- A special study 11,000 words in length on a topic agreed with the candidate's supervisor. This will normally relate to the "major region" chosen below, but may instead deal with a theoretical or comparative topic. Part-time students normally take this in their final year.
Select courses to the value of 90 credits from List A,B,C and/or D,including at least one course from list A.
List A: Area Courses
- Atlantic Africa: (P)Layers of Mediation in African Popular Music (PG) - 15PMUC009 (1 Unit) - Full Year
- Aspects of Music and Religion in South East Asia - 15PMUH017 (0.5 Unit) - Term 2 - Not Running 2016/2017
- Central Asian Music - 15PMUH008 (0.5 Unit) - Term 2
- Ethnicity, Religion and Gender in Middle Eastern Musical cultures - 15PMUH024 (0.5 Unit) - Term 1 - Not Running 2016/2017
- Indian vocal music: Styles and histories - 15PMUH025 (0.5 Unit) - Term 2
- Klezmer Music: Roots and Revival - 15PMUH011 (0.5 Unit) - Term 2 - Not Running 2016/2017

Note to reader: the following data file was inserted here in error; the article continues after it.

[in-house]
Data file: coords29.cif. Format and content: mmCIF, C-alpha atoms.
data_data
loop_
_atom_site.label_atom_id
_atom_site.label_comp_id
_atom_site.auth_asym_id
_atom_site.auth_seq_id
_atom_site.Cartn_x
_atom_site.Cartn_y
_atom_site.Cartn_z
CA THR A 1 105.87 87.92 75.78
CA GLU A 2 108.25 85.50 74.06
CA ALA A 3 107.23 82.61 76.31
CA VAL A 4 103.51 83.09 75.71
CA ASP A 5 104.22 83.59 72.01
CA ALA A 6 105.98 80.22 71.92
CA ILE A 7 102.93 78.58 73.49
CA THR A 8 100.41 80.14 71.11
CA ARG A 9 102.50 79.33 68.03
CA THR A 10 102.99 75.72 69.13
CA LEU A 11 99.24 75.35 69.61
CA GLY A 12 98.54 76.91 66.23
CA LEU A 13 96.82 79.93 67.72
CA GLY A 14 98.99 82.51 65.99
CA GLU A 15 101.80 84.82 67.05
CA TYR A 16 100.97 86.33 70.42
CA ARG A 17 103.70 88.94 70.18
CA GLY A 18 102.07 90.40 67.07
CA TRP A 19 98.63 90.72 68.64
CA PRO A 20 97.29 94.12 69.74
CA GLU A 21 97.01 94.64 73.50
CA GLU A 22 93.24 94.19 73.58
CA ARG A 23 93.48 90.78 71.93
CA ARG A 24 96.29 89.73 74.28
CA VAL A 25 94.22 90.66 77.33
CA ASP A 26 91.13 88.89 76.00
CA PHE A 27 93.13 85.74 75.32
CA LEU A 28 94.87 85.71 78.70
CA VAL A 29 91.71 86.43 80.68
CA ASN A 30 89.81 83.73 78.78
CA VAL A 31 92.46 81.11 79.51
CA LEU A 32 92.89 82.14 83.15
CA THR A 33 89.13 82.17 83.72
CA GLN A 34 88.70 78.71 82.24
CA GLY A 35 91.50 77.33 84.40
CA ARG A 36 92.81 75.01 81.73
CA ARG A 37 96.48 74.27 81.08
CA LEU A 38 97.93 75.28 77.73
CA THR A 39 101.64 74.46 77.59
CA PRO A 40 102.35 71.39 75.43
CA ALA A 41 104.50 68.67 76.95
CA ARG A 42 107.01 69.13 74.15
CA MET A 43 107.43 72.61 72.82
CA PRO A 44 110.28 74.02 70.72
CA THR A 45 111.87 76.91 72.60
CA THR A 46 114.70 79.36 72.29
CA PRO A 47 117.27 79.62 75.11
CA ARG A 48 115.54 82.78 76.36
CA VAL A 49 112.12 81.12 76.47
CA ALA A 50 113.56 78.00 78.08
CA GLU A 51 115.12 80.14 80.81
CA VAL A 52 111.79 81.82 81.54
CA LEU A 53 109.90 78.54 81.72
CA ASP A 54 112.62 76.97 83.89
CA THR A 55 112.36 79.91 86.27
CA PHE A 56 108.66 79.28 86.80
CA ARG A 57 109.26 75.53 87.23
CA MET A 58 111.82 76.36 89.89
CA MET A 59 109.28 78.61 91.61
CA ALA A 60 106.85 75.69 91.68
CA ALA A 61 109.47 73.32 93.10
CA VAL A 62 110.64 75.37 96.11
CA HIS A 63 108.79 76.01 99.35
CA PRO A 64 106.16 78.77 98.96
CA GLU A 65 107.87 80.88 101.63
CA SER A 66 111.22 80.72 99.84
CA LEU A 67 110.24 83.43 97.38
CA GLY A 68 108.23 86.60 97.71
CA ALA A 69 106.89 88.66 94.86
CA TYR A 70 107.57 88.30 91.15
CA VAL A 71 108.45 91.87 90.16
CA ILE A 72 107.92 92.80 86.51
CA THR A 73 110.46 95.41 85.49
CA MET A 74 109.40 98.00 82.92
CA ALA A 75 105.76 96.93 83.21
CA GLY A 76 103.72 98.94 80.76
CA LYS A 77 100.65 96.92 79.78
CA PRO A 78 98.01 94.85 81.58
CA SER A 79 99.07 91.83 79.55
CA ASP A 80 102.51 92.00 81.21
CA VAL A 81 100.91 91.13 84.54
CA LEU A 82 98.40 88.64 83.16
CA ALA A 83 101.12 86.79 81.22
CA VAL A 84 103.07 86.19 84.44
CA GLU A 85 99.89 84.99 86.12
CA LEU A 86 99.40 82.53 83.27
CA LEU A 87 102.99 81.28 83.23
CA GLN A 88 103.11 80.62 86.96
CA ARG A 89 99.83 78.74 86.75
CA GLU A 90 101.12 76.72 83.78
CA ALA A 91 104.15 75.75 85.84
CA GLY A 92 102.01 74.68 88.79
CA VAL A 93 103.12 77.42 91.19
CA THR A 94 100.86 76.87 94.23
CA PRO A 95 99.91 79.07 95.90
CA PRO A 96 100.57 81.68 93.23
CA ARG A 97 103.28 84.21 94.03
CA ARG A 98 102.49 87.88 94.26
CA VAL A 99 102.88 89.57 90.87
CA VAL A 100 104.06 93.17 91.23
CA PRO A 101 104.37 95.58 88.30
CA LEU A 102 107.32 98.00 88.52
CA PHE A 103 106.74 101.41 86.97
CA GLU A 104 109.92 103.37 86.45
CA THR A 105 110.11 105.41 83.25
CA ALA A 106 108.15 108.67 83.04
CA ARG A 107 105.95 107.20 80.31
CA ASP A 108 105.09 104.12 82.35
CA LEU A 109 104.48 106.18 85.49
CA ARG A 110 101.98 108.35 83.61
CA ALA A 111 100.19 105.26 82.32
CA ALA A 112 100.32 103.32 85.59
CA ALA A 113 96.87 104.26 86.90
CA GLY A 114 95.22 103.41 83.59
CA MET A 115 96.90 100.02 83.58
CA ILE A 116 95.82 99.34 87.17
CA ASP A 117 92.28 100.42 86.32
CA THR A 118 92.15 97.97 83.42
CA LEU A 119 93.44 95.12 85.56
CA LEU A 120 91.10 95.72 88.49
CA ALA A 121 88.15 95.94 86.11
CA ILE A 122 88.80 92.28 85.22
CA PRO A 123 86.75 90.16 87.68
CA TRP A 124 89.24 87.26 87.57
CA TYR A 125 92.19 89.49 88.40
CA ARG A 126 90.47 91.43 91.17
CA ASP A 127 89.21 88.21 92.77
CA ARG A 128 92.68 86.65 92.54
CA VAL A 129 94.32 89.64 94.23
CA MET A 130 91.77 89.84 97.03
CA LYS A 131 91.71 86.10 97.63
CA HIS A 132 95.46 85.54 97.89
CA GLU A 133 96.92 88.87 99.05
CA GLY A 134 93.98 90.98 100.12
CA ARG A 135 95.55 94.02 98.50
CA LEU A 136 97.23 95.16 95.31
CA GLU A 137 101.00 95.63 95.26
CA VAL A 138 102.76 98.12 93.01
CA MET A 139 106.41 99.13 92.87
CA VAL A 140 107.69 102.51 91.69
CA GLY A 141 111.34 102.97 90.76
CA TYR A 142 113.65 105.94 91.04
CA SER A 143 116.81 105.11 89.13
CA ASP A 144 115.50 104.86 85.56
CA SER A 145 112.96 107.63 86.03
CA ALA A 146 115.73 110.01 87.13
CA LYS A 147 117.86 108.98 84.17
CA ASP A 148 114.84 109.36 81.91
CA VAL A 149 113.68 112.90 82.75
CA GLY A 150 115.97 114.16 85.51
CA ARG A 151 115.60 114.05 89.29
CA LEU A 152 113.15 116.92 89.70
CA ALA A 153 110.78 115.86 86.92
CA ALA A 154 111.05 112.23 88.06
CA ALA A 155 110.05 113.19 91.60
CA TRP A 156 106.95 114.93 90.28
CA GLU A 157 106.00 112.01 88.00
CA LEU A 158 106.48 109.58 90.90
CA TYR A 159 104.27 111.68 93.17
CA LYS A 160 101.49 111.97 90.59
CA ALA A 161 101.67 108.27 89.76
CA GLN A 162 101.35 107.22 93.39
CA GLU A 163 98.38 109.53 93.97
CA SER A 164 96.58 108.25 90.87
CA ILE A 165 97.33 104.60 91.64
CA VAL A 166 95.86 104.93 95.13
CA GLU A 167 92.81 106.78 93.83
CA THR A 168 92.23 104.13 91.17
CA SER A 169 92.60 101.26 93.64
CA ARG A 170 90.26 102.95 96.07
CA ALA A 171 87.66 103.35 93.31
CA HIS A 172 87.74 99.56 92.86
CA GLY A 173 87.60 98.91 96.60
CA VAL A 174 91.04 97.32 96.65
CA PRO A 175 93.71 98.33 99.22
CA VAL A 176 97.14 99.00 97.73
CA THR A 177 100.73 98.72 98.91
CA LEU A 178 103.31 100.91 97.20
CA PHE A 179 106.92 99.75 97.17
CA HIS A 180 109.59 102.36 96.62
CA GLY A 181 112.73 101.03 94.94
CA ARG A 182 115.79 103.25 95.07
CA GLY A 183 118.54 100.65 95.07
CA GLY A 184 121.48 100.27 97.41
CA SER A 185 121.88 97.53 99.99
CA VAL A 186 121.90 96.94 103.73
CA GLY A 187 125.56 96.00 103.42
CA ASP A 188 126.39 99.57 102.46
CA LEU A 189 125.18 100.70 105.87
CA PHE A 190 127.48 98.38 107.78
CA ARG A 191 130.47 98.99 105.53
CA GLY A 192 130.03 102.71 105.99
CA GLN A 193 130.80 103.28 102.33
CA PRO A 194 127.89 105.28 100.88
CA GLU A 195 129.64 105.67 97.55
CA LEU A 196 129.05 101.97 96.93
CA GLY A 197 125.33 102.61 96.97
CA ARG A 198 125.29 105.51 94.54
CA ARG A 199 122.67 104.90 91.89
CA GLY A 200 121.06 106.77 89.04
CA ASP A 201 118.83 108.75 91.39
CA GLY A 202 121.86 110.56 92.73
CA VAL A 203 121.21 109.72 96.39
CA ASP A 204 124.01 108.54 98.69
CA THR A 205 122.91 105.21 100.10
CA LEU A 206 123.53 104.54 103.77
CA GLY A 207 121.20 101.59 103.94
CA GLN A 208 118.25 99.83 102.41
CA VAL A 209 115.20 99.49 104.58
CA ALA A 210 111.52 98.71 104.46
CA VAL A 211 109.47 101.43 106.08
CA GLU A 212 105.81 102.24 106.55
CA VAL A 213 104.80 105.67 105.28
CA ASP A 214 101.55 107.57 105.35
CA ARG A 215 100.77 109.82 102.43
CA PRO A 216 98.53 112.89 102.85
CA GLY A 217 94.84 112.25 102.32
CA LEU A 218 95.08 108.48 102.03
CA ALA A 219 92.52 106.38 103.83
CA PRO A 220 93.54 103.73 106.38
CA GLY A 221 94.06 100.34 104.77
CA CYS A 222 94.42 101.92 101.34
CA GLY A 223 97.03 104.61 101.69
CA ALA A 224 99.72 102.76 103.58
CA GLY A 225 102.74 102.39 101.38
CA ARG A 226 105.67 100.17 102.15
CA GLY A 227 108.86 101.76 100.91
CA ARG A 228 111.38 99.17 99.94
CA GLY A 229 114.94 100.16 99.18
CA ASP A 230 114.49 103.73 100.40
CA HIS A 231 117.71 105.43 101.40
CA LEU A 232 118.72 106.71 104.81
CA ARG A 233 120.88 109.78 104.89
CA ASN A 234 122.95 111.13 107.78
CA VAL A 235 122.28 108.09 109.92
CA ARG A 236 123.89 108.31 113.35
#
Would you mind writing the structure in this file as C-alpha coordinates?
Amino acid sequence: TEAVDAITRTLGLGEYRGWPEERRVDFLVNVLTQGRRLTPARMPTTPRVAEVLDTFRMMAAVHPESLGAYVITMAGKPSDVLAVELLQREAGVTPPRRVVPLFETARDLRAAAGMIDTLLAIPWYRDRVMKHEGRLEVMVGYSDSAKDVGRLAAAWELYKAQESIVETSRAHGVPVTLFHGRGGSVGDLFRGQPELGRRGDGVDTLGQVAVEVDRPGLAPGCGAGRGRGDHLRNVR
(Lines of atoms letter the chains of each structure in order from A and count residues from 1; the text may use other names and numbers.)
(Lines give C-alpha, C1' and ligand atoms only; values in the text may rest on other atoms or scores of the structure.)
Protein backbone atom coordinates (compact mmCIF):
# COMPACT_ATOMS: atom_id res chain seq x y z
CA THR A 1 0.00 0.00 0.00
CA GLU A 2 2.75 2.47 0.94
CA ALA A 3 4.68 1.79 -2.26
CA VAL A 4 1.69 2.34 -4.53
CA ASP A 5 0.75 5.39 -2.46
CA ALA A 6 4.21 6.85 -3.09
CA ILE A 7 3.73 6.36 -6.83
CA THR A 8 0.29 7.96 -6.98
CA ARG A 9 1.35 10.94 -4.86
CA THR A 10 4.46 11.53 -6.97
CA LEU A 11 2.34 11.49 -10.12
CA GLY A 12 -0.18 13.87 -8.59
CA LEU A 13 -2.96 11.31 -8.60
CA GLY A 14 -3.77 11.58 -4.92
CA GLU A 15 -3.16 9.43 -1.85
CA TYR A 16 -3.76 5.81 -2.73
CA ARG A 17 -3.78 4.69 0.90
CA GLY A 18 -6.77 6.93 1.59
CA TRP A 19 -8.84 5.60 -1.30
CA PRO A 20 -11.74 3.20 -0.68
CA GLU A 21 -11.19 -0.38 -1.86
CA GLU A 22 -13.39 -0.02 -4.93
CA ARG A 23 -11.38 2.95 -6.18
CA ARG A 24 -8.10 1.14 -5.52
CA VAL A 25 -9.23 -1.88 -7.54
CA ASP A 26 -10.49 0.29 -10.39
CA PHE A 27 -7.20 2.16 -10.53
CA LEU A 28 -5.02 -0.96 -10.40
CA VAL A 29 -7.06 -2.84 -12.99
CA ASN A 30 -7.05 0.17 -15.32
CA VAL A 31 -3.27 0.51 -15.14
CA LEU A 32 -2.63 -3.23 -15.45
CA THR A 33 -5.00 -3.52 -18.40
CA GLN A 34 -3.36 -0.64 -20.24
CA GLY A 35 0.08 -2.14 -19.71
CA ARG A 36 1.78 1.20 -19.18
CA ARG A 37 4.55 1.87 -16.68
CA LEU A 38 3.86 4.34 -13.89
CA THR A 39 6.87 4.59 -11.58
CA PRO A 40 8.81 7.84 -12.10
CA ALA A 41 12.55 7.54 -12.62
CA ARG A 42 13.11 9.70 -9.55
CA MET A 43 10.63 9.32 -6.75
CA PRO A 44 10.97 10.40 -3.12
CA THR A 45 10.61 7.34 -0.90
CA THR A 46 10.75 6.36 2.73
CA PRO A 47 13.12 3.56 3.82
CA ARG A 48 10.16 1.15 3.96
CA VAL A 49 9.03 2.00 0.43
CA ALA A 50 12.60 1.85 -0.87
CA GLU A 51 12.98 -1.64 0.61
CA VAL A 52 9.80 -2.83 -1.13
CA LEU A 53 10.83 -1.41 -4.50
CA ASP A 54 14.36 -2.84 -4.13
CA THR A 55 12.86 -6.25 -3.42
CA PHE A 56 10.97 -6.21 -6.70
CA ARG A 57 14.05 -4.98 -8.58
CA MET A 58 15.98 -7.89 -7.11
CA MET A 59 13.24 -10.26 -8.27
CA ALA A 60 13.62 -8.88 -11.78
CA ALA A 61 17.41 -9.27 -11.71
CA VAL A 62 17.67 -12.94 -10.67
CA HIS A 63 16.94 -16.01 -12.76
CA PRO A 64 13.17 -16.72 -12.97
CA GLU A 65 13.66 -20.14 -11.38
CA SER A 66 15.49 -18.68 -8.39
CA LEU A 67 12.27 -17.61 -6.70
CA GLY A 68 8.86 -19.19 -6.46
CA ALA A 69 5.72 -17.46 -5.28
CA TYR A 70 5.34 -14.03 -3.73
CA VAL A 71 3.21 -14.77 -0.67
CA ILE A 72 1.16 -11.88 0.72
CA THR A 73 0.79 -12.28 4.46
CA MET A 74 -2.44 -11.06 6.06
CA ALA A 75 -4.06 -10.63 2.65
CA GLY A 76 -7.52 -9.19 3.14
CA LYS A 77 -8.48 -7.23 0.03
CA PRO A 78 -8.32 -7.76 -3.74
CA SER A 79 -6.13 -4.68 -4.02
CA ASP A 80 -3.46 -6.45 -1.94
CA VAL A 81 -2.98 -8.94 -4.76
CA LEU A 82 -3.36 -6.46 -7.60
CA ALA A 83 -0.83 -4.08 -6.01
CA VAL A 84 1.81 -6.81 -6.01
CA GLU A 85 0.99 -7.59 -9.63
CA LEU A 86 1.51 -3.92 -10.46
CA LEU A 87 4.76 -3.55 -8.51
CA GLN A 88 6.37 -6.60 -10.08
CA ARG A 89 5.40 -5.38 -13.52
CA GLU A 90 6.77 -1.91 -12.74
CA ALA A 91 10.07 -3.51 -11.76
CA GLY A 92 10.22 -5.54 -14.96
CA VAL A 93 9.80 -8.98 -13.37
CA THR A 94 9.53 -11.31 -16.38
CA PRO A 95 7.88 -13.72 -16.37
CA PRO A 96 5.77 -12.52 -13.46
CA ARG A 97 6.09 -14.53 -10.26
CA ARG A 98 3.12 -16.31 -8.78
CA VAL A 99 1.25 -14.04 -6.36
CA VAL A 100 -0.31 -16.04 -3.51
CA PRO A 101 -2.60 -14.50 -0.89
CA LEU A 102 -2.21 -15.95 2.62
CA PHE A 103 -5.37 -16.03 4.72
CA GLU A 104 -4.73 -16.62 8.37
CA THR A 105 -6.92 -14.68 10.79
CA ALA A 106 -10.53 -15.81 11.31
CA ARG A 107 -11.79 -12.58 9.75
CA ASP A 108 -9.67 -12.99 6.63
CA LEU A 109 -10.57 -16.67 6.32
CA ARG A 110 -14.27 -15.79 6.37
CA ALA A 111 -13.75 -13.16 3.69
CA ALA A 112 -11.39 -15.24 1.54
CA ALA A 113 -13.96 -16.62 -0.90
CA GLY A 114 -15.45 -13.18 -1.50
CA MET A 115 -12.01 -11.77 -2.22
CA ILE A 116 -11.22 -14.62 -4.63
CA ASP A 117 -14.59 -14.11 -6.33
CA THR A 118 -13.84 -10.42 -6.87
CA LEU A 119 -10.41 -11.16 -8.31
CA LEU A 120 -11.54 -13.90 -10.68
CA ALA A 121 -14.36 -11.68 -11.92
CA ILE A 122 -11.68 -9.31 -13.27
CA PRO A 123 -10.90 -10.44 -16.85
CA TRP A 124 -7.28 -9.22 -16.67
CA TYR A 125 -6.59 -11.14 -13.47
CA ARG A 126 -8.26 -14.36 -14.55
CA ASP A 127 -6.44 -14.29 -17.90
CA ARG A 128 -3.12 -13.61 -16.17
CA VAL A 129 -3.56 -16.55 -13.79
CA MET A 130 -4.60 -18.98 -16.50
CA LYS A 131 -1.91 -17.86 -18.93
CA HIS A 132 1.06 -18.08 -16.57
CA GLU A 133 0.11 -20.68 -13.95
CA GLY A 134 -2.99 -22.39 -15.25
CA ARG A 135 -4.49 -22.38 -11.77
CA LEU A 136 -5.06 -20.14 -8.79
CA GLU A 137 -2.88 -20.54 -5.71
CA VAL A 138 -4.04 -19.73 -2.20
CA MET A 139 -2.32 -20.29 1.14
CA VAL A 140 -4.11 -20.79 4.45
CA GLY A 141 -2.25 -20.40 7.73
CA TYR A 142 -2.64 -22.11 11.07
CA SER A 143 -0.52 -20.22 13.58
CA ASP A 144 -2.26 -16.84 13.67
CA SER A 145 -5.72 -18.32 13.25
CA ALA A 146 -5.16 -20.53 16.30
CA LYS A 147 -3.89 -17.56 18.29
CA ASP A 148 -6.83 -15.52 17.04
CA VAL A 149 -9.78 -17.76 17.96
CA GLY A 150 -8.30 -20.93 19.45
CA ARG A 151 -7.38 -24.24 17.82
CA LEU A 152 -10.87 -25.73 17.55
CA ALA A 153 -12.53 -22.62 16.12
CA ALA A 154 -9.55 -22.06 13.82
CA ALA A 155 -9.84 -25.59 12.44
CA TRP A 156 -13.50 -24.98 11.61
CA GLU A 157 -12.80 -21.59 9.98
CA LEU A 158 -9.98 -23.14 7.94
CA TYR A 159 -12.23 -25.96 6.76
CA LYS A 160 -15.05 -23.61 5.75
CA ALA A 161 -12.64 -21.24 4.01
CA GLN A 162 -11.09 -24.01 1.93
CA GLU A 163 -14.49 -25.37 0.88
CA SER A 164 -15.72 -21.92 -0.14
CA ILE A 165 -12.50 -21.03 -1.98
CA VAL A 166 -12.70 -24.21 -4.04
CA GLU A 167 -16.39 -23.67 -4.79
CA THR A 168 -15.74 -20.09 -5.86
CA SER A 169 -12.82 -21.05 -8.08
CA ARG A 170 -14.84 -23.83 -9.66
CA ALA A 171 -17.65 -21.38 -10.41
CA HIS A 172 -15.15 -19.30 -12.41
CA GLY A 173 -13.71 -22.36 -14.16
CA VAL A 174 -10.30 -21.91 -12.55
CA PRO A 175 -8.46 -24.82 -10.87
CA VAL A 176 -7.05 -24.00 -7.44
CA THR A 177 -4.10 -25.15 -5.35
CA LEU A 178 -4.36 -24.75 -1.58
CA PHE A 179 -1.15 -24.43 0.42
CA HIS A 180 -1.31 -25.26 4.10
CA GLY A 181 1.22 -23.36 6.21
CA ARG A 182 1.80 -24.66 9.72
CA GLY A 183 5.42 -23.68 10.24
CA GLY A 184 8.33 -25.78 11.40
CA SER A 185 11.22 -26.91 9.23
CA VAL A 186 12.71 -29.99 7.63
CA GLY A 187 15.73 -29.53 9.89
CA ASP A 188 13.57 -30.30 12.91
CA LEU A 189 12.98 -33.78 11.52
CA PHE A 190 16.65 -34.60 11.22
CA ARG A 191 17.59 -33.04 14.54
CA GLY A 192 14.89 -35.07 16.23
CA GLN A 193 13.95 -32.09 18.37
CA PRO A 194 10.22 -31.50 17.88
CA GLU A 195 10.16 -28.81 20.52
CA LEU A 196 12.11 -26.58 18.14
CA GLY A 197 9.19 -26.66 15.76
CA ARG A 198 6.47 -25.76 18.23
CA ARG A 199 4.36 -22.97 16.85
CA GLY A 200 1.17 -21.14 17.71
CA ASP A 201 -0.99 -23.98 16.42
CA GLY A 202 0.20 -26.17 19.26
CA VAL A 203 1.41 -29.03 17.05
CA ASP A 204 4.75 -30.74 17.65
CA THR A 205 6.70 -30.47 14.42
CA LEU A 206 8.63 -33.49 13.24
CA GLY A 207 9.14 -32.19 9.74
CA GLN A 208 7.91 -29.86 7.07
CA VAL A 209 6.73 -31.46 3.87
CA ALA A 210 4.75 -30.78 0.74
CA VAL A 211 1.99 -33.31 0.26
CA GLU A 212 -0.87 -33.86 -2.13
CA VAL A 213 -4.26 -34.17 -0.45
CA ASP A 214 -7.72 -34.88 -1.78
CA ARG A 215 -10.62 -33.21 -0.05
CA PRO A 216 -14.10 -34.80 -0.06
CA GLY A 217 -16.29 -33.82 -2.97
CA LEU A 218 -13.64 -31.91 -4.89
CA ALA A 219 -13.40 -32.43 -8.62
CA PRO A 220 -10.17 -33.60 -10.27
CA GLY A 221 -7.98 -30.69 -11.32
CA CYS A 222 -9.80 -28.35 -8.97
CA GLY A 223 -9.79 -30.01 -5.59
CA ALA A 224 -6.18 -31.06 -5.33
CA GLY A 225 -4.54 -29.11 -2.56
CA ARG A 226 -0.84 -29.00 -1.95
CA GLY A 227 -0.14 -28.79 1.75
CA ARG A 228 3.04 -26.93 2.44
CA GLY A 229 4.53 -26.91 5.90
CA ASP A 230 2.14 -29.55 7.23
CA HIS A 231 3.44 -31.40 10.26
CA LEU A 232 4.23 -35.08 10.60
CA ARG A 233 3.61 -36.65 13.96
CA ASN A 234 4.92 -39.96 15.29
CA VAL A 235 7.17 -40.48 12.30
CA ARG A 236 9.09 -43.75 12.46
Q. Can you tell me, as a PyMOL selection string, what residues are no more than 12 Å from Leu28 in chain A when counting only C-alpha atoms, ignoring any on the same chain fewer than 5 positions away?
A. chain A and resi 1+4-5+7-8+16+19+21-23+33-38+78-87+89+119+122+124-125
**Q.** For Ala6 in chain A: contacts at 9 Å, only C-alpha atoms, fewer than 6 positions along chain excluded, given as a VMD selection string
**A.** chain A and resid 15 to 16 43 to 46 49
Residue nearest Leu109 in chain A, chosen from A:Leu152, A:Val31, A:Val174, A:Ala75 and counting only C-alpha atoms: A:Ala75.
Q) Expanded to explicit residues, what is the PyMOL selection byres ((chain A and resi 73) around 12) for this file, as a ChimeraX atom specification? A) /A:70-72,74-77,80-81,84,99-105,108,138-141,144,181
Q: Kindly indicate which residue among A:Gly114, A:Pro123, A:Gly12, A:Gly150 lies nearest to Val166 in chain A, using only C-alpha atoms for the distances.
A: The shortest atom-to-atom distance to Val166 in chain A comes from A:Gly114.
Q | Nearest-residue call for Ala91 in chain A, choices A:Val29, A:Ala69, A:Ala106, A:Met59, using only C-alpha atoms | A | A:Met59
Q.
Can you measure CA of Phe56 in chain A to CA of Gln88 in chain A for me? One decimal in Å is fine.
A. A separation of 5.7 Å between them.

- Music in Selected Regions of Africa: Contexts and Structures - 15PMUC006 (1 Unit) - Full Year - Not Running 2016/2017
- Music, Place and Politics in Cuba - 15PMUH015 (0.5 Unit) - Term 1
- Musical Traditions of East Asia (Masters) - 15PMUH016 (0.5 Unit) - Term 2
- Pop and Politics in East Asia (Masters) - 15PMUH014 (0.5 Unit) - Term 1 - Not Running 2016/2017
- Popular and Fusion Music in South East Asia (PG) - 15PMUH018 (0.5 Unit) - Term 2
- Sacred Sound in South Asia - 15PMUH021 (0.5 Unit) - Term 1
List B: Additional Music Courses
- African and Asian Cultures in Britain - 15PANH009 (0.5 Unit) - Term 2
- African and Asian Diasporas in the Modern World - 15PANH010 (0.5 Unit) - Term 1
- Analysing World Music: Transcription & Analysis in Ethnomusicology - 15PMUH004 (0.5 Unit) - Term 2
- Composition - 15PMUH013 (0.5 Unit) - Full Year
- Digital traditional broadcasting communication - 15PMSH022 (0.5 Unit) - Term 2 - Not Running 2016/2017
- Gender and Music (MMus) - 15PMUH009 (0.5 Unit) - Term 2 - Not Running 2016/2017
- Music and Healing - 15PMUH019 (0.5 Unit) - Term 1 - Not Running 2016/2017